This Wednesday I went to OU’s screening of “El Silencio de Neto” (The Silence of Neto), a film recommended to me by my Spanish Literature professor. She mentioned that it was the first Guatemalan film screened internationally, directed by Luis Argueta. OU managed to have Luis Argueta himself at the screening, and after the film he spoke briefly about the ideas and history behind the movie. The film centers on the life of a young boy, Neto, and his life during a very tumultuous time in Guatemala. The story takes place in 1954, the year of the coup d’état that dismantled the country’s democratic government.
I had trouble understanding why the movie was called “El Silencio de Neto.” It seemed to be a coming of age film, made very unique by its historical context. I suppose a good deal of the plot had to do with Neto learning how to be more independent. The movie opens on his birthday—he has eleven candles to blow out but is so severely asthmatic that this is difficult for him. He is treated very much like a young child by his family. His father shelters him, not wanting him to know anything of the war that is beginning around him. I believe this may have something to do with the title of the movie: At the beginning, Neto is very soft-spoken and unwilling to talk back to adults. At one point, he even asks his uncle, who often fights with Neto’s father, why he always brings up things that will anger others. He wants to know why he doesn’t just stay quiet. His uncle responds that staying quiet might be easy, but that when you have something to say, the right thing to do is to say it.
Neto is a peacekeeper. He is always the one to urge his friends to get along, and he comforts his little sister when she becomes startled by the sounds of bombs that become common during Guatemala’s Civil War. He has trouble keeping this up with the death (by heart attack) of his beloved uncle. At the funeral, a distraught Neto is visited by his uncle’s ghost. Their conversation is brief, but Neto jokingly accuses his uncle of never making good on his promise to teach him how to fly a balloon. His uncle responds that he has come back to fulfill this promise, and at later at his funeral his ghost instructs Neto from afar as he lights and flies a ceremonial balloon. He implies that letting go of the balloon is like letting go of the dead. Overall, the film focuses heavily on Neto’s coming of age and learning how to handle his emotions. In a time when his country is at war and his uncle (who is very much like a father to him) passes away, he is forced to grow up very quickly. However, with the guidance of his uncle, he comes out wiser and more mature.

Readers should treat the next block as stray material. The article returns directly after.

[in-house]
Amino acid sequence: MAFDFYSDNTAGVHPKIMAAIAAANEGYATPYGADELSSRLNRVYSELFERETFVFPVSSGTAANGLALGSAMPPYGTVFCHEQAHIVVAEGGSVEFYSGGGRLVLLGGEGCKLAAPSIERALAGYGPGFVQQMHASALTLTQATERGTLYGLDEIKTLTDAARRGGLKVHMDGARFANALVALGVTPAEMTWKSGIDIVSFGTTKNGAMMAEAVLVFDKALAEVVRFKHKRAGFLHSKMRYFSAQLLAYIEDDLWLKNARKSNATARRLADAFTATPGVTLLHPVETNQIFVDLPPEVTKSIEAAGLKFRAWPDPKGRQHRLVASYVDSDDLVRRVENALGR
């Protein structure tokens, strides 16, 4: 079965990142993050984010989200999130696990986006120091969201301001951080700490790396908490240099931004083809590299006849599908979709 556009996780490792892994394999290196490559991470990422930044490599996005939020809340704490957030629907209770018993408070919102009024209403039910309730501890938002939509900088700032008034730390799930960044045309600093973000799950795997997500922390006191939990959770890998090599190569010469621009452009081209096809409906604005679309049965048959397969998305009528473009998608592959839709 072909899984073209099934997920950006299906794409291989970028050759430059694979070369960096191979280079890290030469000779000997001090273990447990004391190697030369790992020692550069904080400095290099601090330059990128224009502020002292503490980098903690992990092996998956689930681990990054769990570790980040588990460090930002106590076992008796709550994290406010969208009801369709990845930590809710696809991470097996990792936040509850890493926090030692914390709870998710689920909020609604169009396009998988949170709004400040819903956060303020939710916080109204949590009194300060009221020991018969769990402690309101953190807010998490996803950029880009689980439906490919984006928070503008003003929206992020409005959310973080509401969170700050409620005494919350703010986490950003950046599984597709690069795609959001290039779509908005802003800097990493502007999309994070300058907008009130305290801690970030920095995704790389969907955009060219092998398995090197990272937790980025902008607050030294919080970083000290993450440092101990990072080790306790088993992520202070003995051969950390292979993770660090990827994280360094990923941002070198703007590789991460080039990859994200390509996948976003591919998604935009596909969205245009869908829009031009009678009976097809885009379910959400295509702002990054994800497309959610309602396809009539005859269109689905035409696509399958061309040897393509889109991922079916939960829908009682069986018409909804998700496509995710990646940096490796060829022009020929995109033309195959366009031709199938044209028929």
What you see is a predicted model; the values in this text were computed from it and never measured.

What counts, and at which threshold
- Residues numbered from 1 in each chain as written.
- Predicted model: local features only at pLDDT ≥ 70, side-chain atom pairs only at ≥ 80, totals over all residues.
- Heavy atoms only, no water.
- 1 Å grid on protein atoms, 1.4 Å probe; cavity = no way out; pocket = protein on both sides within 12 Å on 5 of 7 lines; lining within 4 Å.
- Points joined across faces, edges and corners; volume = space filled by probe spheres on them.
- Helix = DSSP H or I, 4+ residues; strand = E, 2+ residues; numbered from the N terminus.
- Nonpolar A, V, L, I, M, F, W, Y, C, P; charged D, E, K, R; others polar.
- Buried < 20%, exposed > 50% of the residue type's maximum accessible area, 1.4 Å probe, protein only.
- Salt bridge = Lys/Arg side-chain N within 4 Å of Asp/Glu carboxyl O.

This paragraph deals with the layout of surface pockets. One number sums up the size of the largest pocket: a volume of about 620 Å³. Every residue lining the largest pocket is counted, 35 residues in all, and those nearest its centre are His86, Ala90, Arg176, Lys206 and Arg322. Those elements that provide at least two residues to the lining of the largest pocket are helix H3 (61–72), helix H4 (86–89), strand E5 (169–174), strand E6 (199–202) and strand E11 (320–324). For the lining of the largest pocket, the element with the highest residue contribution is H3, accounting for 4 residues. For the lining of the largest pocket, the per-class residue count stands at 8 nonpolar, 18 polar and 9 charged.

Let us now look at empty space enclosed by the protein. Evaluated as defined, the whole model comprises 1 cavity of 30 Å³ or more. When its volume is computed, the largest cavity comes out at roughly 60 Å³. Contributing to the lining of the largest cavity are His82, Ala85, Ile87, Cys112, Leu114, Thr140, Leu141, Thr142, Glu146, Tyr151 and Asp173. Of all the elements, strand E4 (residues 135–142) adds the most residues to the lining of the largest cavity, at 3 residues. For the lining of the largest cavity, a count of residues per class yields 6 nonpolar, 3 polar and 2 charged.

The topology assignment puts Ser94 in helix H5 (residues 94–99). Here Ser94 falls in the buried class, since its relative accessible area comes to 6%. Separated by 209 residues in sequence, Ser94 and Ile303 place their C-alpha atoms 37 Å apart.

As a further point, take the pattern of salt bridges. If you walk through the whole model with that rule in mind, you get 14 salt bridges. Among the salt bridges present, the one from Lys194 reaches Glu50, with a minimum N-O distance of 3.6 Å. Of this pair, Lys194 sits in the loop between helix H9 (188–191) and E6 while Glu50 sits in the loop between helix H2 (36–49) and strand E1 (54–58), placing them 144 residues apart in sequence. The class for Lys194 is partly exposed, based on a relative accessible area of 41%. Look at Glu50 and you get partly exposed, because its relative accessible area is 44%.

Although the story of Neto was interesting, I was also intrigued by the historical aspects of the movie. The US government, specifically the CIA, trained Nicaraguan troops and sent them into Guatemala to overthrow their democratically elected president. The CIA felt the need to do this because they interpreted the liberal ideas of the Guatemalan government as nearly communist, and during the Cold War this was seen as a cause for alarm. The invasion was successful, and a military US-backed government was imposed in Guatemala. What I found most interesting about this was that I had been completely unaware of it before seeing “El Silencio de Neto”. I suppose it is not surprising that this chapter of US history is not emphasized in our schools, as it certainly casts us in a bad light. I’m glad I had the opportunity to watch this movie, as it provides a startling example of another nation’s perspective on US imperialism.